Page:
Jim Cole, a former deputy attorney general, said knowledge of politics is “not always a complete disqualifier or a bad thing.”
“One of the things the attorney general has to deal with is politics,” Cole said. “You are going to have to deal with politics one way or another. It is not that you are going to be guided by politics, but you need to understand them.”
A focus on someone who is impartial is partly borne out of Democratic reaction to Trump, who regularly leaned on the Justice Department both publicly and privately to advance some of his political goals.
“I’m not going to be telling them what they have to do and don’t have to do,” Biden said of his attorney general pick in an interview with CNN. “I’m not going to be saying, ‘Go prosecute A, B or C’ — I’m not going to be telling them. That’s not the role. It’s not my Justice Department, it’s the people’s Justice Department.”
And at an event over the summer, Biden said the attorney general is “not the president’s private lawyer.”
“I will not interfere with the Justice Department’s judgment of whether or not they think they should pursue the prosecution of anyone that they think has violated the law,” he said.
Garland does not have a particularly close relationship with Biden, but the argument being made on his behalf includes that he is a universally respected jurist whose previous tenure at the Department of Justice reflects that he knows the department well and would be able to navigate the need to remain independent from the White House on prosecution matters and align with it on important policy agenda items.
Jones, however, has a far stronger background on civil rights. He previously worked as the US attorney for the Northern District of Alabama and was the lead prosecutor suing KKK members responsible for the 16th Street Baptist Church bombing.
Several civil rights leaders have implored Biden to select a person of color to lead the Justice Department, given the forceful calls for racial justice after a remarkable year of protests and police brutality.
“We are in an era of heightened alert in the areas of race and criminal justice,” the Rev. Al Sharpton, who leads the National Action Network, told CNN earlier this month. “And anything that does not recognize that means that people who voted for him, feeling he would deal with this issue, will feel a sense of betrayal.”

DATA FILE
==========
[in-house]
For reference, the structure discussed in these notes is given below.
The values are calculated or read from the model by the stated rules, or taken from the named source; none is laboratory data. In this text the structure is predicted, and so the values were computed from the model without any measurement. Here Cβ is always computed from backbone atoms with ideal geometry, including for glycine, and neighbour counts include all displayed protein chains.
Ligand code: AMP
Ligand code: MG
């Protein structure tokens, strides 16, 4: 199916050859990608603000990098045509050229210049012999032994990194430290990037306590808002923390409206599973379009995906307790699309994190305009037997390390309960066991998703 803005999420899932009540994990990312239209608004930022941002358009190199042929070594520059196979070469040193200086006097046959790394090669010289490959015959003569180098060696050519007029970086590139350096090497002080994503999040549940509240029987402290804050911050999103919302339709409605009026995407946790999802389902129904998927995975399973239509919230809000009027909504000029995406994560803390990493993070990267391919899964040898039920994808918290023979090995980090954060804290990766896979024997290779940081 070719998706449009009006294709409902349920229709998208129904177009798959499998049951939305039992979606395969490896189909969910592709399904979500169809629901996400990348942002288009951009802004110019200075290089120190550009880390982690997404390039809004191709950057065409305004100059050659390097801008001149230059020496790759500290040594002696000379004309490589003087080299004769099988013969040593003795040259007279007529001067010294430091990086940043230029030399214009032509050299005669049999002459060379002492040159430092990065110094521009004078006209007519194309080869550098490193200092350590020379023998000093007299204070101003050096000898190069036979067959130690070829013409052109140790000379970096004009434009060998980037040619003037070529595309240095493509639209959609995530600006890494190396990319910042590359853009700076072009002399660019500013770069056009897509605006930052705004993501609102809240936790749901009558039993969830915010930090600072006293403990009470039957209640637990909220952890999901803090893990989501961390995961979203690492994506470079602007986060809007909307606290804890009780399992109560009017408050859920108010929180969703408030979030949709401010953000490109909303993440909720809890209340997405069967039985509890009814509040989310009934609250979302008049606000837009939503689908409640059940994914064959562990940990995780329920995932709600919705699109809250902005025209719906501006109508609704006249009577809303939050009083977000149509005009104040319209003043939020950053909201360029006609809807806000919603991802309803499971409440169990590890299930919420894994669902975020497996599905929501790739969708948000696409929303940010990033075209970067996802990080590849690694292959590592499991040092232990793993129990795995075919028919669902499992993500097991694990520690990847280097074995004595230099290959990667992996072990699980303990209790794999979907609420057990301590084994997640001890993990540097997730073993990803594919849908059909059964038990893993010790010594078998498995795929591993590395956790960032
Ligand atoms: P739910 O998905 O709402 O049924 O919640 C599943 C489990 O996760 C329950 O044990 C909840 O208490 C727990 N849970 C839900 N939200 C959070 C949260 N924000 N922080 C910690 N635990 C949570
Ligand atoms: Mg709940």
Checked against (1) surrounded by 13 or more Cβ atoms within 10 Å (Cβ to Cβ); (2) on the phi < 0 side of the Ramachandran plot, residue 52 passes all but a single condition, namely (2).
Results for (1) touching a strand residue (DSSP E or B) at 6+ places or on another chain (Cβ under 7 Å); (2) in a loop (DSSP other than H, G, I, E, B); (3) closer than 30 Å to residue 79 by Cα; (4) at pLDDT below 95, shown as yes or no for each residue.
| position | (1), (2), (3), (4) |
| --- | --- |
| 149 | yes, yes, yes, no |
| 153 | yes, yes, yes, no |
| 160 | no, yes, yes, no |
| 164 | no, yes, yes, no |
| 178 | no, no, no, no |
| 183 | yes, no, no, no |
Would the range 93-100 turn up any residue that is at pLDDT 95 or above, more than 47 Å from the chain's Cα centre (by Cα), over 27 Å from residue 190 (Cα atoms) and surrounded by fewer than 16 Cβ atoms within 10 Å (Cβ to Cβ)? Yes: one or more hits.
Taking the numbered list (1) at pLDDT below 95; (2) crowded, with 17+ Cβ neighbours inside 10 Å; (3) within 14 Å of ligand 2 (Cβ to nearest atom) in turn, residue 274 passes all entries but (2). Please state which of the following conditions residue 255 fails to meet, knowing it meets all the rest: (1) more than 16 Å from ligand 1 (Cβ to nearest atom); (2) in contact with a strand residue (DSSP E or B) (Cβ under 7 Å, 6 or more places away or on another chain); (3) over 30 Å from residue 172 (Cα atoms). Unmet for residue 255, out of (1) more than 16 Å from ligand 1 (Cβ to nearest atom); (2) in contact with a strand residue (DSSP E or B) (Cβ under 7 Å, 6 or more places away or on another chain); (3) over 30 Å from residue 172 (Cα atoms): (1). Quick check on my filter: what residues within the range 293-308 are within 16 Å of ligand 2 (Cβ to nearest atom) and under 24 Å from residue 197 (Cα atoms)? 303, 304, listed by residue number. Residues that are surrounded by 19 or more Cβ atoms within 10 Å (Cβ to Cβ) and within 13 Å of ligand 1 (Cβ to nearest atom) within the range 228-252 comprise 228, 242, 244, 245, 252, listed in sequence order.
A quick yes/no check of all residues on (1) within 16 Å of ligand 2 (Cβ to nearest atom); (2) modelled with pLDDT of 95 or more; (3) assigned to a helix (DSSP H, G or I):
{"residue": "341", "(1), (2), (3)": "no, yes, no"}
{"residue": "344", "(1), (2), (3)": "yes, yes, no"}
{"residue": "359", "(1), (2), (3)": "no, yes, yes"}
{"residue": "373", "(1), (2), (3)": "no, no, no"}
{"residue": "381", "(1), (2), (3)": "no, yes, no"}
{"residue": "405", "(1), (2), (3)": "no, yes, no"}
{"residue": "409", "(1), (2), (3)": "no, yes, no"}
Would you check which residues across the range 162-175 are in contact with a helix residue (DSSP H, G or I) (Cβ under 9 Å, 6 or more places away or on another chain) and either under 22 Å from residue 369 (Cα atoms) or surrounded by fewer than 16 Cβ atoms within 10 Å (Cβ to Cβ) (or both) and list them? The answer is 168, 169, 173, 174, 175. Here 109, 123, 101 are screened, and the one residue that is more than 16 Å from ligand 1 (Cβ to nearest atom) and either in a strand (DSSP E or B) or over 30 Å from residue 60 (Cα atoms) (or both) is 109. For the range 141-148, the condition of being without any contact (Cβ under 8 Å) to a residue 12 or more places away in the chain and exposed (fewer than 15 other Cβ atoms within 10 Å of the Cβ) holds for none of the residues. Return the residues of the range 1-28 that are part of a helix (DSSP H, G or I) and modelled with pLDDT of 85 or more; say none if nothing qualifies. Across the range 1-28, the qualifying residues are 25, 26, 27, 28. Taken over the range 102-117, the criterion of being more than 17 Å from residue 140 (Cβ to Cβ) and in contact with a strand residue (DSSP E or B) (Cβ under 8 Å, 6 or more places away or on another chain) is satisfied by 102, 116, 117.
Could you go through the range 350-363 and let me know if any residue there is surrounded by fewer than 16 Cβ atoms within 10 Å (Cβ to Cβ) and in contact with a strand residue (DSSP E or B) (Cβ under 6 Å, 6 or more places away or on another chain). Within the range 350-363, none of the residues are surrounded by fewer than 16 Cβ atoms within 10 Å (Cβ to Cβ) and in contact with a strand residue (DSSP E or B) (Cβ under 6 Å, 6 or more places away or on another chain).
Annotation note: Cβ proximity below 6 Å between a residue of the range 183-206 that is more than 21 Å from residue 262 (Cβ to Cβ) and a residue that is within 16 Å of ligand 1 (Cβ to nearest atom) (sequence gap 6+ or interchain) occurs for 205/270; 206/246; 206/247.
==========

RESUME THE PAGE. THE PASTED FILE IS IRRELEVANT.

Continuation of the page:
Sharpton has said, however, that he is comfortable with Jones because of the senator’s record on civil rights.
For weeks, a small group of advisers on Biden’s transition team has been poring over Garland’s rulings and statements. He was closely vetted four years ago as a Supreme Court nominee in the Obama administration — a nomination that was never taken up by Republicans in the Senate — but the cases are being reviewed again to avoid any surprises in today’s more fractured Democratic Party.
Progressive groups bemoaned Garland’s centrist reputation in 2016, with many still blaming former President Barack Obama for choosing a nominee seen as more palatable to Republicans than some Democrats. Now the Biden transition team is beginning to work to try to answer progressive leaders’ concerns about Garland — should Biden choose him.
“Millions of people did not protest for racial justice this summer for the next attorney general to have opinions on criminal justice reform to the right of the average Democrat,” said Waleed Shahid, spokesman for the liberal Justice Democrats.
The decision on an attorney general was always expected to be one of the last Cabinet picks Biden made, given the critical importance in the post-Trump era and his long tenure on the Senate Judiciary Committee. But as the Biden transition has been stung by a series of leaks around other Cabinet picks, the conversations around those selections have gotten smaller and smaller, a source said. The hope is that Biden will be able to announce the name before Christmas.